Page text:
I've recently moved and my GP in my current location ordered a "baseline" echo because I have a Bicuspid aorta and had been complaining of dull back pain for a few weeks.
The results were a bit unnerving. Supposedly, my aortic root measured at 3.8. This was an increase from the 3.2 measurement from the previous November (8 mos prior). Needless to say, this freaked me out. I contacted my cardiologist where I used to live and told him of the measurements. He was skeptical and asked if I could come back to see him and re-take the echo (he had given me my previous 4 echos). I went back to visit him and when they did the echo, they got a much smaller measurement. He said the aortic root measured 2.7. The technician also tried to measure the aorta from different locations just to be sure and got measurements of 3.3 and 3.5 (though I'm not sure what part of the aorta he was measuring).
So my cardiologist thinks things are fine. My GP doc can't explain the difference and wants to do another echo in 6mos.
In the meantime, I still have the occasional dull mid-back pain next to my spine (it may very well be muscle related - as I work out every day and also slouch over a computer every day). I asked both of my doctors if this could be a symptom of an aortic aneurysm. They've both said that's probably not the case.
So my question is, how could there be such variation in echo reports? Should I request a CT scan to get a completely accurate measurement? Would any aortic aneurysm most likely be discovered during an echo or even a chest xray?
I worry about these things due to BAV, but thus far my echos have been pretty good. Only trace regurgitation at the valve... everything else normal. I'm 34, athletic and my bp is under control with meds (125/70 last reading).
Thanks for your expertise.
The answer is yes you should get a CT scan because the echos only address the most proximal part of the aorta, and are often not perpendicular to the aortic axis. The ascending aorta has a curved course, and especially in people with aneurysms, this course can be very difficult to predict and image by echo.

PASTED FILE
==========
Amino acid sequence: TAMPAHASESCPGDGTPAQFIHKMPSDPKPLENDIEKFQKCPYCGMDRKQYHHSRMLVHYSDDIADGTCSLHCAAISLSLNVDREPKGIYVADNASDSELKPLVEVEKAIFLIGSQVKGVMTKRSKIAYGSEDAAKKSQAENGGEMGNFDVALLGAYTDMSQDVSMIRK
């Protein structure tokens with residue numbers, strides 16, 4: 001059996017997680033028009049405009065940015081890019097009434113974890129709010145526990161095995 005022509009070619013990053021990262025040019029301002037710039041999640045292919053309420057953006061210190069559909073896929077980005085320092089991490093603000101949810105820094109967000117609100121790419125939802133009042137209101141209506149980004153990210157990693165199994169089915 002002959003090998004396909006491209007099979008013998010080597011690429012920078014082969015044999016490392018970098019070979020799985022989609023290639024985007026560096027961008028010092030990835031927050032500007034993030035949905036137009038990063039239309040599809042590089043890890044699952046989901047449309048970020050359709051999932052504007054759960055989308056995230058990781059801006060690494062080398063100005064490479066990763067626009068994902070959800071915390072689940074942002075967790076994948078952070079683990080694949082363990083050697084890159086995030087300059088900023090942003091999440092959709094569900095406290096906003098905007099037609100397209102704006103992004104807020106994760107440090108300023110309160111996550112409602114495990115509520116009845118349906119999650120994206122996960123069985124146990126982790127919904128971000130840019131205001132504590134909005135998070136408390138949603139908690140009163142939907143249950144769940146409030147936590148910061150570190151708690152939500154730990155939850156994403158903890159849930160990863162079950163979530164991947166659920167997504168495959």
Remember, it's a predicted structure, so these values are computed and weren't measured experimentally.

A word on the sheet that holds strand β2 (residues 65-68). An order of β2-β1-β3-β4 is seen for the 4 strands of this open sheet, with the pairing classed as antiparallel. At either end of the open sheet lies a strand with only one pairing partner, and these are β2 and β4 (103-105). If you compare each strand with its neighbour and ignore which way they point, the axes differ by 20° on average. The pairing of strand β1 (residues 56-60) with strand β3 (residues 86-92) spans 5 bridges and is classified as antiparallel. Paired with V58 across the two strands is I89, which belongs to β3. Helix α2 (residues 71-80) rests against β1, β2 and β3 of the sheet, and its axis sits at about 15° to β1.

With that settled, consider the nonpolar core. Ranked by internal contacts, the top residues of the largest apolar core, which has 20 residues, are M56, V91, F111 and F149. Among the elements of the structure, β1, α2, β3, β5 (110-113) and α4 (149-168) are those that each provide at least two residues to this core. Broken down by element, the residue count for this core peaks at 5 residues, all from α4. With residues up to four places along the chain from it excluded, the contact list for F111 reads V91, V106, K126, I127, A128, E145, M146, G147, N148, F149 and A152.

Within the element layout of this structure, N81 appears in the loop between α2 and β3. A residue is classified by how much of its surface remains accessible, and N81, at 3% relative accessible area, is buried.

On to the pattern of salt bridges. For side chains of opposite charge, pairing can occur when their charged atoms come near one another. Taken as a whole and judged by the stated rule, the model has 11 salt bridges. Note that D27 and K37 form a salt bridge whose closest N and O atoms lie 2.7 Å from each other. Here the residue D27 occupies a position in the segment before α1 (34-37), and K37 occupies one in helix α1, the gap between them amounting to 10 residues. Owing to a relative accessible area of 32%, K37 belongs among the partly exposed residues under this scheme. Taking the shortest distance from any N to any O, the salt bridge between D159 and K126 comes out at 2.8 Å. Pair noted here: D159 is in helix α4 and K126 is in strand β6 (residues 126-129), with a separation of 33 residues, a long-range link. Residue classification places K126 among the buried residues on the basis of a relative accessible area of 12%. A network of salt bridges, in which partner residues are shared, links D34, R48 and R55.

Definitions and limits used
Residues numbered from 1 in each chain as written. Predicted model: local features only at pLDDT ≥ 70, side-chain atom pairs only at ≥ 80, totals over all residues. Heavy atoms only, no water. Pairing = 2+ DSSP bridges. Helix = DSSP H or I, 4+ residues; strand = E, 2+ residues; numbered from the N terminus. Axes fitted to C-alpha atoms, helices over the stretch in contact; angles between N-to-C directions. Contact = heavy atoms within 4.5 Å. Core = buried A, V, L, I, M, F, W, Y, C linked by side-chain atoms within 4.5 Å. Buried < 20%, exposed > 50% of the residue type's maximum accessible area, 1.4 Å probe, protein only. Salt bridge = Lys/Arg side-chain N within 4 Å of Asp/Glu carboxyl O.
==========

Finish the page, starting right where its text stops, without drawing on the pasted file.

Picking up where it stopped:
CT will make sagital cuts and will display the aorta in its greatest diameter with post processing. This way the problem with different views on different echos is minimized and the true diameter of the aorta is actually measured. The only downsides are contrast exposure and radiation exposure. So limit these to once per 1-2 years. The CT will also look at the descending aorta, and since you are having dull back pain you actually may have a problem in the descending aorta.
Copyright 1994-2017MedHelp International.All rights reserved. MedHelp is a division of Aptus Health.
The Content on this Site is presented in a summary fashion, and is intended to be used for educational and entertainment purposes only. It is not intended to be and should not be interpreted as medical advice or a diagnosis of any health or fitness problem, condition or disease; or a recommendation for a specific test, doctor, care provider, procedure, treatment plan, product, or course of action. Med Help International, Inc. is not a medical or healthcare provider and your use of this Site does not create a doctor / patient relationship. We disclaim all responsibility for the professional qualifications and licensing of, and services provided by, any physician or other health providers posting on or otherwise referred to on this Site and/or any Third Party Site. Never disregard the medical advice of your physician or health professional, or delay in seeking such advice, because of something you read on this Site. We offer this Site AS IS and without any warranties. By using this Site you agree to the following Terms and Conditions. If you think you may have a medical emergency, call your physician or 911 immediately.